“ Manufacturer: Sony / Release date: 2013-11-29 „
* Prices may differ from that shown
I had eagerly awaited the PlayStation 4's release on November 29th 2013 since it was announced way back in February of the same year and preordering it soon after. I'd been a PlayStation fan for many years, owning the original PlayStation, PS2, PlayStation Portable (PSP) and a couple of PS3s.
I had a number of options during the build up to PS4 launch, with a number of 'soft' bundles available to upgrade to from just the console itself. Then in late September Sony announced the Gamer Pack (also know as the Mega bundle at some retailers. For an extra £80 you would get the PlayStation camera (RRP £54.99), an extra DualShock 4 controller (RRP £54.99 and a physical copy of Killzone Shadow Fall (RRP £49.99). This was by far the best option available as the saving is enormous (based on RRP of the bundled items.
So launch day arrived and I eagerly unpacked the box. The console is a decent size, reminiscient of the PS2 Slim console in size and design. It's also worth noting that unlike the Xbox One, which launched in the UK a week before this, there is no external power adapter instead just a standard power cable. This reduces the footprint of the entire package considerably and leaves everything neat and tidy. The PlayStation Camera included in this set is very small, roughly 20cm in length and an inch tall and back. (20cm x 2.5cm x 2.5cm). It's functionality is yet to be properly utilised in software besides the included mini game/tech demo The Playroom. It does, however, double as a microphone for online gaming and can utilise voice commands for home screen navigation, similar to the Xbox Kinect.
Also included in the box is a single headphone headset and microphone for online gaming and voice chat. While this is appreciated and will hopefully help to foster a more talkative (and abusive?) online community, something that was sorely lacking from Sony's online effort with the PS3, it is disappointing to see something so cheap included in an otherwise deluxe set. The earbud on the headset is a one size fits all that sits uncomfortably in my ear and the sound quality seems poor. I have since replaced the headset with a third party one, which works much better with a design reminiscent of the Xbox 360 wired headset, but with a closed cup design on the headphone.
The DualShock 4 is a vast improvement over the previous designs that Sony have used since the original 1995 PlayStation. The control is now much grippier in it's materials, increasing comfort over long sessions and allowing your palms to breathe from the improved ergonomics. The control is slightly wider than the DualShock 3 and now has proper triggers that are now concave, which has resulted in my fingers not slippping off once in over 6 weeks use. The thumsticks have also seen a change, with a different material and design resulting in them being much easier to manoeuvre, and the sticks themselves have been adjusted based on feedback that the previous control pads ones were too lose. The pad now has a touchpad on the front which acts similar to a laptop's mousepad. This is used in a number of games, such as Killzone Shadow Fall to issue commands and navigate menus. In Assassins Creed IV, for example, it allows you to navigate the map and use a smartphone like 'pinch-and-zoom' gesture to zoom in and out.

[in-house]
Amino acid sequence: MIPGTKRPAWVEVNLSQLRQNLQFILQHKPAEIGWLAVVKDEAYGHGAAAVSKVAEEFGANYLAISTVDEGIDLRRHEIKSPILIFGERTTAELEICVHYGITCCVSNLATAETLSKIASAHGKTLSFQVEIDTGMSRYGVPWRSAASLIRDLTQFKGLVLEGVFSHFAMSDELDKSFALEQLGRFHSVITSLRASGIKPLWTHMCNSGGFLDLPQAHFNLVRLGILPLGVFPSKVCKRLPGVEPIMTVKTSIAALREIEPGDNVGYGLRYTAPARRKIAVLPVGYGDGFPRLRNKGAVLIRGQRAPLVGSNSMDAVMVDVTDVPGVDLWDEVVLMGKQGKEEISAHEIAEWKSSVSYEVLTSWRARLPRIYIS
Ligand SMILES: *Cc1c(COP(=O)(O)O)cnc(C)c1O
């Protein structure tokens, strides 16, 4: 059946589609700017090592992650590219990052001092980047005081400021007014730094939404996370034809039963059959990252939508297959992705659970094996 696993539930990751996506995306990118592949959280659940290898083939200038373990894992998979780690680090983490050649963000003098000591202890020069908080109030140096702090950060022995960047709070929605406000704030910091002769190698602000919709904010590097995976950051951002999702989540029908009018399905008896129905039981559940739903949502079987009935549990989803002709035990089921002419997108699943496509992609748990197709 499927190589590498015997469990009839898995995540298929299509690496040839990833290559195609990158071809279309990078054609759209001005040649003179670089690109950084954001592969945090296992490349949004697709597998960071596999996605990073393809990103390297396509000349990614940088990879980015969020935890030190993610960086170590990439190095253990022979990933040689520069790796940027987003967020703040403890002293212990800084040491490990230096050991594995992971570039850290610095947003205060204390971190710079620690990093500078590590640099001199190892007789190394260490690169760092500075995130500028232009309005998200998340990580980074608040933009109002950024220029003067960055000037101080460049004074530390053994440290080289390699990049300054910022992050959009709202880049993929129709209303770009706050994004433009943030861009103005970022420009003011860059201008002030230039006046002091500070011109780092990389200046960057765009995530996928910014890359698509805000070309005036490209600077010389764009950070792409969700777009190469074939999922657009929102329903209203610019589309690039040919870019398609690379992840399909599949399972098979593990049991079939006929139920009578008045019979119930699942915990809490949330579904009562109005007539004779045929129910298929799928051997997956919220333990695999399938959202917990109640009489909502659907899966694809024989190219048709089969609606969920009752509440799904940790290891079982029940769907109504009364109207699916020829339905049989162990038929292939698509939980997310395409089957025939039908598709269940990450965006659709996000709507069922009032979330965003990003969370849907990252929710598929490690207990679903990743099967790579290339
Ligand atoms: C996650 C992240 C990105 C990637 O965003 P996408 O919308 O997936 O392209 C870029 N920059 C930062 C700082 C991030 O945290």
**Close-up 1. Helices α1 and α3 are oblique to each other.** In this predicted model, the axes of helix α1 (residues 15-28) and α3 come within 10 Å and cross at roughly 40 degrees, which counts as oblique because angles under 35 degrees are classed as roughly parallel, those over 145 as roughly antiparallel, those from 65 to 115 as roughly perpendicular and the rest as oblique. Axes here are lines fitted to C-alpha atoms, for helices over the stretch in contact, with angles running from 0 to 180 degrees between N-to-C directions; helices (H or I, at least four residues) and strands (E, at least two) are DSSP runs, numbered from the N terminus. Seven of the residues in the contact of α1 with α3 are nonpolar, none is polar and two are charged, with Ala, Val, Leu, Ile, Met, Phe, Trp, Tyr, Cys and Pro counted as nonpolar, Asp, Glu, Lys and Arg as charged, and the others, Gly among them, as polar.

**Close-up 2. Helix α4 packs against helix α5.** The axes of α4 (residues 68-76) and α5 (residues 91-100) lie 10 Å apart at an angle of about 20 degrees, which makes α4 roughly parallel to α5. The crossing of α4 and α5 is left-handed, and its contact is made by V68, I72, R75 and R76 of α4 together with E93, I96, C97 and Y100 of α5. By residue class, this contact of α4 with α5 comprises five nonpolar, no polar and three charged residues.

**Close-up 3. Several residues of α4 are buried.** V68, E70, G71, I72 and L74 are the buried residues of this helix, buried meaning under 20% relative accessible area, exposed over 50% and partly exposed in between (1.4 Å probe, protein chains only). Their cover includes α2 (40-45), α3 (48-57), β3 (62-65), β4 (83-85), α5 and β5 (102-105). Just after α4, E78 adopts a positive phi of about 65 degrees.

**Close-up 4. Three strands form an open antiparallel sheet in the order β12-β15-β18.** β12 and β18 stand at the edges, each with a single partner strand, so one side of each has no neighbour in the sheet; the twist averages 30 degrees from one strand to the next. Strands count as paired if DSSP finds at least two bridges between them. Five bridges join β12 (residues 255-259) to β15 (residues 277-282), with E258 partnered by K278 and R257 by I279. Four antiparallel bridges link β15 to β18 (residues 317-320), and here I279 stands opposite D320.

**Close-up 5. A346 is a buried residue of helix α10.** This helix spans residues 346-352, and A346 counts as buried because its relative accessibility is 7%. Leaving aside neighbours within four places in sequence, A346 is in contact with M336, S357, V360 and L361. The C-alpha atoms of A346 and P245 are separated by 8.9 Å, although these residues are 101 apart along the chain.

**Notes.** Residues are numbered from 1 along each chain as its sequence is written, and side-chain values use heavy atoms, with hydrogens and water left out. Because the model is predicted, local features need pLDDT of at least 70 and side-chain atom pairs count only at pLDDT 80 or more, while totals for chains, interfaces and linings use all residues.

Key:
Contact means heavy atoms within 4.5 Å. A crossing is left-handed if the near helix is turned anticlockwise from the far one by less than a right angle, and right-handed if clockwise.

I won't review Killzone Shadow Fall here as there are a number of separate reviews available.
All of the above is only let down by the following niggling flaws: A number of updates were available on launch day, with another one issued since then. These add in missing features such as DVD and Blu Ray playback and system stability fixes. Should you be without Internet or on a restrictive usage deal, then this will leave you without some basic features. Also worth noting is that the included 500GB hard drive can seem restrictive when you consider that every single game must install directly to the hard drive. Killzone Shadow Fall is 39.7GB alone.
However, should the above not bother you, the PlayStation 4 is all that I have come to expect in the run up to launch. The graphical ability of the console is well above the previous generation, capable of pushing 1080p resolution at 60 frames per second. The new Dual Shock 4 controller is a marked improvement over it's predecessors and Sony seem to have ramped up their infrastructure for the online capabilities of the system.